With the new legislative session under way, a controversial abortion bill has already been filed in the Kansas House. Rep. Steve Huebert (R), the sponsor of the bill says aims to remove the mental health exception to late term abortions.
An identical bill passed the House last year but failed to win enough votes in the Senate. He says he believes the mental health exception is misused to give more women access to the third trimester abortion procedure.
The law currently says that if the fetus is viable after 22 weeks, an abortion is only allowed to preserve the life of the mother or to address a substantial and irreversible impairment of a major bodily function.
Hubert says that the law has been wrongly interpreted by the Attorney General’s office to include harm to mental health as impairment of a major bodily function.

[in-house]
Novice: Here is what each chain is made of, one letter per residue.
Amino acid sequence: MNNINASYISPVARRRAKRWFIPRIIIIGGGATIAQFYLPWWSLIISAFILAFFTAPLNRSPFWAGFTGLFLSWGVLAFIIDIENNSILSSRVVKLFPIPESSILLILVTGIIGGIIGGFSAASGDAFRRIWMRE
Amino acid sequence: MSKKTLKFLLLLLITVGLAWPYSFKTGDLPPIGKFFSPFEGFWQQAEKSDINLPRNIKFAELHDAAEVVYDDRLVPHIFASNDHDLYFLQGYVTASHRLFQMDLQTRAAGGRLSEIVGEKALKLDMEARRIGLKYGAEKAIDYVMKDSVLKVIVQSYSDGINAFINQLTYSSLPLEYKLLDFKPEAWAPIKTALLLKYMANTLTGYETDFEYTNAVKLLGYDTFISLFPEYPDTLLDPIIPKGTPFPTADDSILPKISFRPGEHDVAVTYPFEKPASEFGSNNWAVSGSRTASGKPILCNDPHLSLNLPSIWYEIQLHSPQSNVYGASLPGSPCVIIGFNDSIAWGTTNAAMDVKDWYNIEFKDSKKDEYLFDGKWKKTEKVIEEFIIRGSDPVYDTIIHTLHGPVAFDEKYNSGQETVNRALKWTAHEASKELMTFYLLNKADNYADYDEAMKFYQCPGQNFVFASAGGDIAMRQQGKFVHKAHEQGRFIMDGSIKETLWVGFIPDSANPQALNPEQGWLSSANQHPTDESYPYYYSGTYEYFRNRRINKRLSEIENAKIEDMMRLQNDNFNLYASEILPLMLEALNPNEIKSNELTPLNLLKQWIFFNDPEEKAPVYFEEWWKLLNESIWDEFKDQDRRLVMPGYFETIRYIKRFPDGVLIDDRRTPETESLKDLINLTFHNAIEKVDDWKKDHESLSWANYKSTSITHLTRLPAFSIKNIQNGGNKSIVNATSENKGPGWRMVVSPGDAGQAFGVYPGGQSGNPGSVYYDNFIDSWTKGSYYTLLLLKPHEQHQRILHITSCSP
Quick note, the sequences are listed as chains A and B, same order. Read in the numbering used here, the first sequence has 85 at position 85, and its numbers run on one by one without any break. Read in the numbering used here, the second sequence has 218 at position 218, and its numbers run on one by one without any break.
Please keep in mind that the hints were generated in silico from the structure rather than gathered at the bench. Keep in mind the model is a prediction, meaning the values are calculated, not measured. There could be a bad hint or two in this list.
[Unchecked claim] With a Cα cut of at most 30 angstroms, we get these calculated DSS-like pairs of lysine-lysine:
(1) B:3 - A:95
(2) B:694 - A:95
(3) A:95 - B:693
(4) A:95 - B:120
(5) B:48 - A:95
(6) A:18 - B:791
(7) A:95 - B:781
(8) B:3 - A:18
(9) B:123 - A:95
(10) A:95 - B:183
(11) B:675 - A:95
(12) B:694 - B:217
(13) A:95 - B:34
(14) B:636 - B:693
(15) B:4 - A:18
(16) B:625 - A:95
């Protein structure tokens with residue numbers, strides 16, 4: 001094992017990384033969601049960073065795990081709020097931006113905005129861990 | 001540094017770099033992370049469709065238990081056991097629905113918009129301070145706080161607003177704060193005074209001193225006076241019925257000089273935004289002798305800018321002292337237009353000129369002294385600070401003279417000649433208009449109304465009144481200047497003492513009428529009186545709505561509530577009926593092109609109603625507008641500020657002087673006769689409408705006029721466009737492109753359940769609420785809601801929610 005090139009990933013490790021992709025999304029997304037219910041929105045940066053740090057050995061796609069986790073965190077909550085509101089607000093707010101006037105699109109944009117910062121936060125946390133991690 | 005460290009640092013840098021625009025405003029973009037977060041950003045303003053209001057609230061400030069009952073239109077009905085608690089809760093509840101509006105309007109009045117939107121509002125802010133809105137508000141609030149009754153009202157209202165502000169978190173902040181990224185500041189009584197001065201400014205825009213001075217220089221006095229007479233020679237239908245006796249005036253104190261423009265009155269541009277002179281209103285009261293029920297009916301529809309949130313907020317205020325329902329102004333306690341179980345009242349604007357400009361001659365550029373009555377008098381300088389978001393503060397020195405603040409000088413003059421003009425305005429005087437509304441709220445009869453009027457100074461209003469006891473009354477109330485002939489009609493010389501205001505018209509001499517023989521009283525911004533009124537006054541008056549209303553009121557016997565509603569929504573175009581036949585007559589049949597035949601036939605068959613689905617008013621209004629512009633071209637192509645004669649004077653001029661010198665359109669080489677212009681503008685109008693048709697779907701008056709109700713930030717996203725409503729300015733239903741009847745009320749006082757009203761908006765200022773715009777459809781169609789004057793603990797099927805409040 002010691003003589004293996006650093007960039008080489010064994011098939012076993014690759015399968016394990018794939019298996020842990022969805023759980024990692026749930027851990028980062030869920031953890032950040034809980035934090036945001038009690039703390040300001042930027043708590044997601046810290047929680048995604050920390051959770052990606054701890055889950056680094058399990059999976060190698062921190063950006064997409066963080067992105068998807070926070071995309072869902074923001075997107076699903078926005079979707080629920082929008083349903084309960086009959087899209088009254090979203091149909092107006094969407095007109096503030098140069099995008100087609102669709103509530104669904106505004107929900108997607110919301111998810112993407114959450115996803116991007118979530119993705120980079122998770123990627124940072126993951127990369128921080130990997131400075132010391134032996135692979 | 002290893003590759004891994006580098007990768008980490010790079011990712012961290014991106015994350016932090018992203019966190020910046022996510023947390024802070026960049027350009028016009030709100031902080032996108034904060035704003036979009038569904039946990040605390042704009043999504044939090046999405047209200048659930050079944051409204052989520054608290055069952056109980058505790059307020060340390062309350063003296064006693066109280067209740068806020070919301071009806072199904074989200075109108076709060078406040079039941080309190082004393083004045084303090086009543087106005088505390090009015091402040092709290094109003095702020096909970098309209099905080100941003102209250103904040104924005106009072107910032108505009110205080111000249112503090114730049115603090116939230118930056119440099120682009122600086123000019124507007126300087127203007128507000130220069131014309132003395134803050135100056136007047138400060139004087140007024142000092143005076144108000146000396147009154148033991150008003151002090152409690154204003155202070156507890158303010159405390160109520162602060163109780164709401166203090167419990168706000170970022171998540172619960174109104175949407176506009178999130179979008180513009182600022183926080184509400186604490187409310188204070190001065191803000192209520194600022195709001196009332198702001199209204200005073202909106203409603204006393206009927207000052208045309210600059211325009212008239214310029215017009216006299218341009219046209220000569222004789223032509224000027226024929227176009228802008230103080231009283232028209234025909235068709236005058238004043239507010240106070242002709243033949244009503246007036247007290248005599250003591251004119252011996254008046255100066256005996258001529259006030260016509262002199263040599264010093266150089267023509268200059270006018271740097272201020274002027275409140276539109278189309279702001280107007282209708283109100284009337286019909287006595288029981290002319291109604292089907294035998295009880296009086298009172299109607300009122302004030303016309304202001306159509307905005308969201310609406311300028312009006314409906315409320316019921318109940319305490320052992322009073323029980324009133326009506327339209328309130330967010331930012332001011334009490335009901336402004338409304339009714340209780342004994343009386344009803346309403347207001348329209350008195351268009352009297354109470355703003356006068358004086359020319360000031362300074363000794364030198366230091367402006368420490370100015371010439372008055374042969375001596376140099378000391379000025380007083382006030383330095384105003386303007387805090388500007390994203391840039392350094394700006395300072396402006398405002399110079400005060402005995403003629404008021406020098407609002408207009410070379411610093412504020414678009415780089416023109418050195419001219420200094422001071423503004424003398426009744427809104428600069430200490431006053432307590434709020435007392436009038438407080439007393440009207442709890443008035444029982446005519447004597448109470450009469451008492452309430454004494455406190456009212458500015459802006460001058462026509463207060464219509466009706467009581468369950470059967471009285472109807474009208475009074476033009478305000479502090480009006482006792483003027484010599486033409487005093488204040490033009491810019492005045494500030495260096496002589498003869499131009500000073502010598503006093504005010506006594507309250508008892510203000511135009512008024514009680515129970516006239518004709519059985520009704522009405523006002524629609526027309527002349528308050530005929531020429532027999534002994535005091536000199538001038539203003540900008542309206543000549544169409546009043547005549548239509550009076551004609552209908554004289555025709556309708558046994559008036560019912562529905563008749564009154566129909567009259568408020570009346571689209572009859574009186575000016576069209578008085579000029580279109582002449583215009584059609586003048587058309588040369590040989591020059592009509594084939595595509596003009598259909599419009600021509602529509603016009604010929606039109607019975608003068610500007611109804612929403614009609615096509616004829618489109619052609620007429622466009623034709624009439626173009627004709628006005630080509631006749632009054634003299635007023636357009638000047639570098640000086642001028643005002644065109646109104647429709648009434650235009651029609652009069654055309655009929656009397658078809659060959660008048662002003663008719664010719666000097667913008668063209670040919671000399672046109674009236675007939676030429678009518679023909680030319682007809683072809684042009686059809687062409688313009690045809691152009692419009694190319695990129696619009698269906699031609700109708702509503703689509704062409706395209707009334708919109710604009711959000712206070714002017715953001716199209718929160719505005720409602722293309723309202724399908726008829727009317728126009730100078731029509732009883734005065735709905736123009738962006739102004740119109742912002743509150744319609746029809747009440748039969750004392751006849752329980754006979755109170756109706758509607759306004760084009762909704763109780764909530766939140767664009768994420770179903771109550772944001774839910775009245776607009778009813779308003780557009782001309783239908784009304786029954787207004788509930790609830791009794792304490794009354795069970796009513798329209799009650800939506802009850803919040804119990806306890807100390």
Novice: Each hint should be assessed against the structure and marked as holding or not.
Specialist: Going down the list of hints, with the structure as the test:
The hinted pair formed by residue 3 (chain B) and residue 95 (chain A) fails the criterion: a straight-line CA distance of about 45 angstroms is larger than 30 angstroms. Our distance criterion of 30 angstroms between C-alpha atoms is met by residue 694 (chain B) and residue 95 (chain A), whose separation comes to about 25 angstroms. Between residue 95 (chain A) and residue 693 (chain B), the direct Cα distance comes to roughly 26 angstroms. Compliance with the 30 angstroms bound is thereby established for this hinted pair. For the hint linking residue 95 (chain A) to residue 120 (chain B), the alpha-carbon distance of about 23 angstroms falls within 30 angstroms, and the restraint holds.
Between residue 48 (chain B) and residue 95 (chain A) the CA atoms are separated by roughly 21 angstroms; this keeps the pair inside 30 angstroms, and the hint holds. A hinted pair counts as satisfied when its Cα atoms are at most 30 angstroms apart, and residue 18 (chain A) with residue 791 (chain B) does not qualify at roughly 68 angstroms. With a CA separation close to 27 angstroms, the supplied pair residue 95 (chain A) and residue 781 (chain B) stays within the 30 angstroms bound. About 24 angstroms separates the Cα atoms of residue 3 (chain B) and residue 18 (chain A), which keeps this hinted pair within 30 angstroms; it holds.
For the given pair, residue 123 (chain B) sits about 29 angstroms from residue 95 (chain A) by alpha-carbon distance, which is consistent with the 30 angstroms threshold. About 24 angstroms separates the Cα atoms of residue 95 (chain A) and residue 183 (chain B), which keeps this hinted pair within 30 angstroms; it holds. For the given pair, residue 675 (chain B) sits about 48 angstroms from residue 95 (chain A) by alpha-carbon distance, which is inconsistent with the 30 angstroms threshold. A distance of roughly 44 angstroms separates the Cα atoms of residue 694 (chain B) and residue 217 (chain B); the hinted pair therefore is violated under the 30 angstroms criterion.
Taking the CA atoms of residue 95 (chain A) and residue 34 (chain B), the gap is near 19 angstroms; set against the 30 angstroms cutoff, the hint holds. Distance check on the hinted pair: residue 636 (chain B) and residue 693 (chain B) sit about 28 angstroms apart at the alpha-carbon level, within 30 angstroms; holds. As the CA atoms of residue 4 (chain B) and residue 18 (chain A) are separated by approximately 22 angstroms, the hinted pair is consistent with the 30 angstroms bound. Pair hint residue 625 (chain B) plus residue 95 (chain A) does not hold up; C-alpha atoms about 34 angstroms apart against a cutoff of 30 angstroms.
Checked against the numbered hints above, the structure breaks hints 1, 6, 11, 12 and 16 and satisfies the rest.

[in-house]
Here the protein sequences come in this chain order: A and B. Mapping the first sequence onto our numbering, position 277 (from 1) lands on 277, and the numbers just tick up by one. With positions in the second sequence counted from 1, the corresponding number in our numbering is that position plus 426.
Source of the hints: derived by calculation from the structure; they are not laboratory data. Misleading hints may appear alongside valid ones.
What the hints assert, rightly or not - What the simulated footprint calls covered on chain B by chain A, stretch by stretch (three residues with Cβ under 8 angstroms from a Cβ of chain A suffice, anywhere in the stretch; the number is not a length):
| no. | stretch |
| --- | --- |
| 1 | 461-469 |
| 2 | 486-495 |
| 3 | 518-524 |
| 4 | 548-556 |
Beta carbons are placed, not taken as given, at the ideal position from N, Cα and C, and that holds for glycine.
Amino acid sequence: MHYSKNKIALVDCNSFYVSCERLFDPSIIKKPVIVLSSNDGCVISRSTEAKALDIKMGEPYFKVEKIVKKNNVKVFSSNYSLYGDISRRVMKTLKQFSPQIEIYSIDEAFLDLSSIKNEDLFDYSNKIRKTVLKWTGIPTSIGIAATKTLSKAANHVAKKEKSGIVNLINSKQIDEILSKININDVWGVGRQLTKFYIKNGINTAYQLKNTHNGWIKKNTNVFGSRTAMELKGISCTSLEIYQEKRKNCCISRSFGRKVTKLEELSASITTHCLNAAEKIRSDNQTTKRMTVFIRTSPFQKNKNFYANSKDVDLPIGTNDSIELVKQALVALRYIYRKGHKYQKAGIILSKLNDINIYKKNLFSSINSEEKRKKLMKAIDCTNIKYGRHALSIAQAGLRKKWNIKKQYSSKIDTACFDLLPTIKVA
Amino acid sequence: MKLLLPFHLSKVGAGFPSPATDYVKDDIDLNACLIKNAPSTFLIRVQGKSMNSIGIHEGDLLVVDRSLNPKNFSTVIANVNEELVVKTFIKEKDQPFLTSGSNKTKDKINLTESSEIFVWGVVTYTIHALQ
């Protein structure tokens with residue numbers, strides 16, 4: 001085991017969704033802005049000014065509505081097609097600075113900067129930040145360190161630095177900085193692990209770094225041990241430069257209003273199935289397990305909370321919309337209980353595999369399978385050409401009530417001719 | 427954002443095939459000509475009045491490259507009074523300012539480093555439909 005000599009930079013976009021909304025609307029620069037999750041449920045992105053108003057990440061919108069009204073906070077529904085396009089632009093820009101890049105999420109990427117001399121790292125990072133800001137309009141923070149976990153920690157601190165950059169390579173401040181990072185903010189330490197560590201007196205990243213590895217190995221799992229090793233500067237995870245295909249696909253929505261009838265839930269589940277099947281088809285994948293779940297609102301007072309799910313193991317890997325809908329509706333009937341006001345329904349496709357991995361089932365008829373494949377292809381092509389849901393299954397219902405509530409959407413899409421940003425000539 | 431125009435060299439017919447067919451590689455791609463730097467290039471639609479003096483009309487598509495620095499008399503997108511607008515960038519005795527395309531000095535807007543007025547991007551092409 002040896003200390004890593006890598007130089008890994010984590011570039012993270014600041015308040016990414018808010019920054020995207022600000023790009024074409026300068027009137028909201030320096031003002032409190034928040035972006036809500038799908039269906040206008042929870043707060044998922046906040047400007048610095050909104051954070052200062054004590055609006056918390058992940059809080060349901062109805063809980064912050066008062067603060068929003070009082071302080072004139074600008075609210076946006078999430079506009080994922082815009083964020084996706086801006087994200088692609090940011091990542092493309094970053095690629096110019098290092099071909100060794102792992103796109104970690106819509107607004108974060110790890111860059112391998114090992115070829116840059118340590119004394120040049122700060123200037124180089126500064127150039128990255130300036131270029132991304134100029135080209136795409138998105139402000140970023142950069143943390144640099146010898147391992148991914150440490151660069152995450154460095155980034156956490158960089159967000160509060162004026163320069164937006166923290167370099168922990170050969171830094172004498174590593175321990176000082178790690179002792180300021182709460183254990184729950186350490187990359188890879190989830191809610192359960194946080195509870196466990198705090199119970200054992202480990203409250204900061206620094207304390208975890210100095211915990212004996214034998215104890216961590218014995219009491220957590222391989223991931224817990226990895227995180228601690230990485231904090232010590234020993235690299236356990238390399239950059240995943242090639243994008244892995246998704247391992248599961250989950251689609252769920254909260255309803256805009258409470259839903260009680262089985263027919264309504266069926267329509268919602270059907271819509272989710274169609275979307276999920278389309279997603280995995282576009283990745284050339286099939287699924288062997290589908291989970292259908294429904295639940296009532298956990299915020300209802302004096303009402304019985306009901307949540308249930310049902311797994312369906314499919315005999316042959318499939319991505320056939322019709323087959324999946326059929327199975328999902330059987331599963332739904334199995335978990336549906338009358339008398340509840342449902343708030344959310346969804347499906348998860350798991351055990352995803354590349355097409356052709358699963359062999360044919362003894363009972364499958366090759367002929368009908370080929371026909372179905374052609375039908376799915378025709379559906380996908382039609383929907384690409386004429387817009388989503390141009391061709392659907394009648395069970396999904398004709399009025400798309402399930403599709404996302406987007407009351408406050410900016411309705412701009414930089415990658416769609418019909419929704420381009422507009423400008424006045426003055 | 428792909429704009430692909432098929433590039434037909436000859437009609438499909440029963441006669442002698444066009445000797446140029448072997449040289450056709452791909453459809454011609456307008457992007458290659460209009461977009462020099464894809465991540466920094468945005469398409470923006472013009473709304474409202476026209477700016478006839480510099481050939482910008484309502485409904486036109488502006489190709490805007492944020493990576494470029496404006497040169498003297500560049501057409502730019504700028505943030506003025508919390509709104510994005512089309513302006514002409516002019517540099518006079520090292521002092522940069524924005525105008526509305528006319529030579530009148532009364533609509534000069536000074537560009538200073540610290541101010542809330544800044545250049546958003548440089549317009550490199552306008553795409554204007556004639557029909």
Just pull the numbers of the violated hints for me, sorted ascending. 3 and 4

But opponents of the bill from the National Organization for Women have said that physical and mental health are one in the same, saying that mental health is part of a woman’s overall well being.
Opponents have also raised the issue of legal challenges, questioning the constitutionality of the bill. Huebert says the legal challenges would be welcomed to clarify the issue.
The bill now goes to the Federal and State Affairs committee for a hearing before moving on the full House chamber. It one of a number of abortion bills that may be introduced this legislative session.